Wednesday, March 04, 2015

Questions without Answers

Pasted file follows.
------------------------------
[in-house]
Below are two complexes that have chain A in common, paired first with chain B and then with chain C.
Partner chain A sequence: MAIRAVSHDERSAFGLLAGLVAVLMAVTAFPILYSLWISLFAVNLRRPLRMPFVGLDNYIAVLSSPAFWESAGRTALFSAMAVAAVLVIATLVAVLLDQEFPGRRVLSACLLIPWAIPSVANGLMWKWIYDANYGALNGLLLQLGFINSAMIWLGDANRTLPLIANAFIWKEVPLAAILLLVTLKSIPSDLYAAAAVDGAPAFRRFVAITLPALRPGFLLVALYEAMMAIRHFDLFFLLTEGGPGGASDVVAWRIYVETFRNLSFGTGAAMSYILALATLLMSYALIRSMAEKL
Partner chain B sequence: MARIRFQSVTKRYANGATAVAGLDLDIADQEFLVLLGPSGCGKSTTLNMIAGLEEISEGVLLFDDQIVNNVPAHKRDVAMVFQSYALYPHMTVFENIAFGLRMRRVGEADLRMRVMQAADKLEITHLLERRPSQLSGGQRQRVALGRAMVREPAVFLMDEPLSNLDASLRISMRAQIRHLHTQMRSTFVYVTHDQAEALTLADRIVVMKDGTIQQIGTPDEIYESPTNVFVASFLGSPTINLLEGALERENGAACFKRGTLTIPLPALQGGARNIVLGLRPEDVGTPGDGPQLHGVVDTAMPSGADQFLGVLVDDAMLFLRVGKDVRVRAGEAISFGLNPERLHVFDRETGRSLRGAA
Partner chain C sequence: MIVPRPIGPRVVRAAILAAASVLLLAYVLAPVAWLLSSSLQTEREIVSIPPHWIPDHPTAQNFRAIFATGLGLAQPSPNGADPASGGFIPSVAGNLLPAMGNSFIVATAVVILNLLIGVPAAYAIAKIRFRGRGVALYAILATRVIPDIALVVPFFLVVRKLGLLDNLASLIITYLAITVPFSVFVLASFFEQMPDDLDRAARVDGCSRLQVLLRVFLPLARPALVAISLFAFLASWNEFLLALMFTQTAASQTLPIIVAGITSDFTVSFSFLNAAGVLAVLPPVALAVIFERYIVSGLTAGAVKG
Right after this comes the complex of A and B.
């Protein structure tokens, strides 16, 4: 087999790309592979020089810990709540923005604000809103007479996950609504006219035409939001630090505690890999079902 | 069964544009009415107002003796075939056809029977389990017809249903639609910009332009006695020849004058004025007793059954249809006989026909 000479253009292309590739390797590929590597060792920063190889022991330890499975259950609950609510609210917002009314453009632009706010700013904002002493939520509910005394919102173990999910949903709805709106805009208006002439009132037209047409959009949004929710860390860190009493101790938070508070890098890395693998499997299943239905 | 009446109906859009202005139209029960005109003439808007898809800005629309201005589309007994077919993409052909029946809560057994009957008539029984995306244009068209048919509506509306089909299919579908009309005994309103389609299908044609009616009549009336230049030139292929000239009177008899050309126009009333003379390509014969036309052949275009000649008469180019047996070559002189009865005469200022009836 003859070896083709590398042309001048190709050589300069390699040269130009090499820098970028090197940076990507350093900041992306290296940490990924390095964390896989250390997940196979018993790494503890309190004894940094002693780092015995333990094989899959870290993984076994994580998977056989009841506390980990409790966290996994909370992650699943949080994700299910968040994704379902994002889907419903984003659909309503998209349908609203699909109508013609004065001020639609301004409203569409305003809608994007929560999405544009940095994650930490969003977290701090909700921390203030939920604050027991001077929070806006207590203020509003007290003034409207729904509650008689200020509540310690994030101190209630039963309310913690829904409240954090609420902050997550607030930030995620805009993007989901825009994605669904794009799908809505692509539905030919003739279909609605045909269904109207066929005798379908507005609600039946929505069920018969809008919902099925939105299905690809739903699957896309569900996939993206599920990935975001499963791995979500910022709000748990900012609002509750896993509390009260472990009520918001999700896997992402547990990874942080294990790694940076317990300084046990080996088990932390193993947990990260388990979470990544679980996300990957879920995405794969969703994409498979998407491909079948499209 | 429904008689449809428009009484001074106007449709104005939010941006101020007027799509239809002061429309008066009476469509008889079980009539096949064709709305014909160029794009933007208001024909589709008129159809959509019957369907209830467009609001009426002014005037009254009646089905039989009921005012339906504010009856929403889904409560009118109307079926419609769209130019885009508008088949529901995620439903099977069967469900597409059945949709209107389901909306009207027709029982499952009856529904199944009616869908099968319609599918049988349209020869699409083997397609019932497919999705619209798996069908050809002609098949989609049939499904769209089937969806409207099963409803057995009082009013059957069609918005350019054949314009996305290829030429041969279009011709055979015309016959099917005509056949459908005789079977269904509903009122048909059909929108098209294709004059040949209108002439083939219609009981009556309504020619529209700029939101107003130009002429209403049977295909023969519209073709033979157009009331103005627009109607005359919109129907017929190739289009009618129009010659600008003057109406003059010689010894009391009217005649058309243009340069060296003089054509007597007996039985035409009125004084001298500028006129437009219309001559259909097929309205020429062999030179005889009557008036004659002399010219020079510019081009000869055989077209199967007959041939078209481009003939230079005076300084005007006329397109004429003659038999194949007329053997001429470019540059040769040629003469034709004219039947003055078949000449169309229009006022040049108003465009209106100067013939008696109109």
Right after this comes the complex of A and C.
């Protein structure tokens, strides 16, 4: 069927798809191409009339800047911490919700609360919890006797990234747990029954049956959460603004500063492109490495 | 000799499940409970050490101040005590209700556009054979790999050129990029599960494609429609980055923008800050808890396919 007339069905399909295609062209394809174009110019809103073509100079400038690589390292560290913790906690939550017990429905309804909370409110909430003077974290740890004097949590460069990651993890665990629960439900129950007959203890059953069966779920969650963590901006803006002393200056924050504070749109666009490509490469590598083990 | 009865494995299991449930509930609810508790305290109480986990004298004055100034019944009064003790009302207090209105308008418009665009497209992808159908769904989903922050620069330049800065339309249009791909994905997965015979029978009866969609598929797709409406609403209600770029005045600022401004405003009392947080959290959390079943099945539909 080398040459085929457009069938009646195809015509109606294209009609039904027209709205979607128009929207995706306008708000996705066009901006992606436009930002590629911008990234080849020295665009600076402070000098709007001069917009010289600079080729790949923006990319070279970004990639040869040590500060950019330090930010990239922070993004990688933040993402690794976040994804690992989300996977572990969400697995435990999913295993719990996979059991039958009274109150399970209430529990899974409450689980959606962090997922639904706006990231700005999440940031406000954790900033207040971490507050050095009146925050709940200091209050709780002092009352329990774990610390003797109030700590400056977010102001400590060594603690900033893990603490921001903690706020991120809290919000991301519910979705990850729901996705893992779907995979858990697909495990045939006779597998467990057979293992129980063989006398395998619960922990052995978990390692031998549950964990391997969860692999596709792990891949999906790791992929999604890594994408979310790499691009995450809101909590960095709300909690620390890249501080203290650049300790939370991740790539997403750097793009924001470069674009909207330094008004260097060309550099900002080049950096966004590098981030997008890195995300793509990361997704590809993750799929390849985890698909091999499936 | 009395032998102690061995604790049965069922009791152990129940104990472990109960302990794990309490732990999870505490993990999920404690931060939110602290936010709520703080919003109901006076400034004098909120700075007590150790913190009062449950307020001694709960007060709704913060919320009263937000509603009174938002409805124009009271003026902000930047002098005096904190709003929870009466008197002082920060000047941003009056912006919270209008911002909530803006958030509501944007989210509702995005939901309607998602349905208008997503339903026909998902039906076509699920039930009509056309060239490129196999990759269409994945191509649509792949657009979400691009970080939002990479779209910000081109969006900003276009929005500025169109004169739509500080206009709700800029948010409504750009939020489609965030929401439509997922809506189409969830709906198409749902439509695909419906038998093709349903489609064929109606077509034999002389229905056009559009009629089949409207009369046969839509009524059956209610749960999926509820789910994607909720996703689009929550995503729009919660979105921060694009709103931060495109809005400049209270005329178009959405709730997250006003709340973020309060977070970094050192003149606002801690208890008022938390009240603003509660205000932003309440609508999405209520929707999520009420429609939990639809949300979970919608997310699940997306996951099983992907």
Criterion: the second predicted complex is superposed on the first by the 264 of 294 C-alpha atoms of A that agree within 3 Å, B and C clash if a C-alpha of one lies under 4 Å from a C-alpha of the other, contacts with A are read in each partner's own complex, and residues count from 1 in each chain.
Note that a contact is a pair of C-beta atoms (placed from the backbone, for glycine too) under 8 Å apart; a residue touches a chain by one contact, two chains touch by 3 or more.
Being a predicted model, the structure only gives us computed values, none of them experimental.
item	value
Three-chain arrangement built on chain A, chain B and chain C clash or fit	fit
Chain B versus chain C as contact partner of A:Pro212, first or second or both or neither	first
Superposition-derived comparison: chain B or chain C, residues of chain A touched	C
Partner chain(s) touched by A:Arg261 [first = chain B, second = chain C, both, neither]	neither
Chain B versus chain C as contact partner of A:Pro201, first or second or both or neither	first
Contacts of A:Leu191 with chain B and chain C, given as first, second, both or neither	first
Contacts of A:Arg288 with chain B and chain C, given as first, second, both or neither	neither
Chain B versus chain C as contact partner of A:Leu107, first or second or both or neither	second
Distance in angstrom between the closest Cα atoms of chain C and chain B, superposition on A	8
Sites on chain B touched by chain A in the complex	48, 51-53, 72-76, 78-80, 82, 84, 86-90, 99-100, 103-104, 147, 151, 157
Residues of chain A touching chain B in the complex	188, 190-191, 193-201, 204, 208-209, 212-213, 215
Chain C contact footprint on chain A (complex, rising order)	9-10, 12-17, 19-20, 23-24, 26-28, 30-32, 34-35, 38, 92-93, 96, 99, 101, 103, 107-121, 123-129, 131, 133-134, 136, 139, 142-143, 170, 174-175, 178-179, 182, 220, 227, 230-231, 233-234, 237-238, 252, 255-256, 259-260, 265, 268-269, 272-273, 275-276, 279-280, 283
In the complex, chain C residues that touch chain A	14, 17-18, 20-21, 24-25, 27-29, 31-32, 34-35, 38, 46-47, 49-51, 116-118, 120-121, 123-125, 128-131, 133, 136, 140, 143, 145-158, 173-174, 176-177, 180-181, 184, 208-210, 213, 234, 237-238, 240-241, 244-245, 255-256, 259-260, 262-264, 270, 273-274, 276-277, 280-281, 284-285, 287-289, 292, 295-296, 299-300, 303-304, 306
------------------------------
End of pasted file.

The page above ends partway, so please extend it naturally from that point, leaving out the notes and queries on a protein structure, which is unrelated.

I hate heroin. I really have come to hate heroin and everything it does to a human body and soul. Everyday I work tirelessly to counsel, educate and support those afflicted and offer what solace and support to those who love them. I give everything I have (within) into this profession and there are times I feel like I have made a difference and other times when I feel I have done nothing, helped no one. What a profession I chose to do. Long days filled with stressful hours and the realization that you have an enormous responsibility because what you say or do could mean the difference between someone living or dying. I generally do not think too long on the latter because truth be told there is always another thing to do before the end of the day so there is little time to ponder. Today, I felt different. I came into work looking for a chart and could not locate it on the shelf. A thought went through my mind "the person must have left against medical advice". It is not uncommon in this line of work to see people leave treatment because they are not ready to be sober or the craving for the drug is so intense and powerful that to remain in treatment is pure brutal hell. This particular person has been a patient of mine two other times and did just that left against medical advice so I decided to search for the chart in the pile of broken down charts (waiting) for the clinician who had the patient close it out and send it off to medical records. I opened the chart to read what the time and reason the person gave (to leaving against medical advice) in the progress note before closing it out. I read the summary then reread the summary that nursing wrote the evening before just two hours after I left work for the day. "Attempted suicide". Sweet Mother of Jesus, he had a knife and cut self and was stepped up to inpatient (locked down) unit in psyche. As quickly as I picked up the chart to close it I put it down and went over to the inpatient psyche unit this person was admitted. I saw him through the glass sitting on the top of a chair in a room with a television. When he spotted me coming through the door he walked over to me and we sat in a couple of chairs and I asked him what happened. He began to cry then sobbed as he told me "I cannot do this anymore. I cannot get sober. I try and I fail. I do not want to live like that anymore". I asked to see his arm as he told me the details of the night before with the knife and cutting and handing the knife to a staff member as I counted eight individual cuts on his wrist. He told me he had no one. He did not have any family nor any type of support system. I told him he had me. We spoke about long term treatment and I promised to come back tomorrow to see him and when he was stable and ready to come back I would be there waiting in chemical dependency. Walking back to my unit where my office sits in a third floor of an old mansion it felt so surreal. Heroin's monstrous tight hold on the life of a human being that it was better to die than survive. I sat at my desk looking out the window to the gray sky and listening  to the pouring rain and asking myself did I miss something. I spoke to him right before I went home. Why had I not picked up on his sorrow? Was I not attentive enough? What did I miss? Then I have to remember that I am human too. That I get tired. That I am not perfect. That I give so much of myself to this job that I must remind myself the care taker needs to take care. I wonder at times if I can remain in this field much longer because there is never a rest, a break. It consumes my entire waking life. If I am not working with addiction in my professional life I am dealing with it in my personal life. Addiction has been such a long part of my personal life that I wonder if I will ever be free of its pain and torment. And the most ironic part of all this is I am not an addict. I am a mother, a daughter, a sister and I am a counselor. The only part of my life never touched by addiction is my marriage. Often times I wonder why I keep doing all this? How do I keep moving forward? God. I believe that God gives me the strength to keep it all together that there is a purpose, a reason, a plan. I may not know nor understand but I do have faith in God and I believe he watches over me. I believe he watches over my family. I believe he watches over my patients. And I know I will keep moving forward as long as God wishes it. So tomorrow, I will get up and do it all over again. But for now I will absorb myself in a book.

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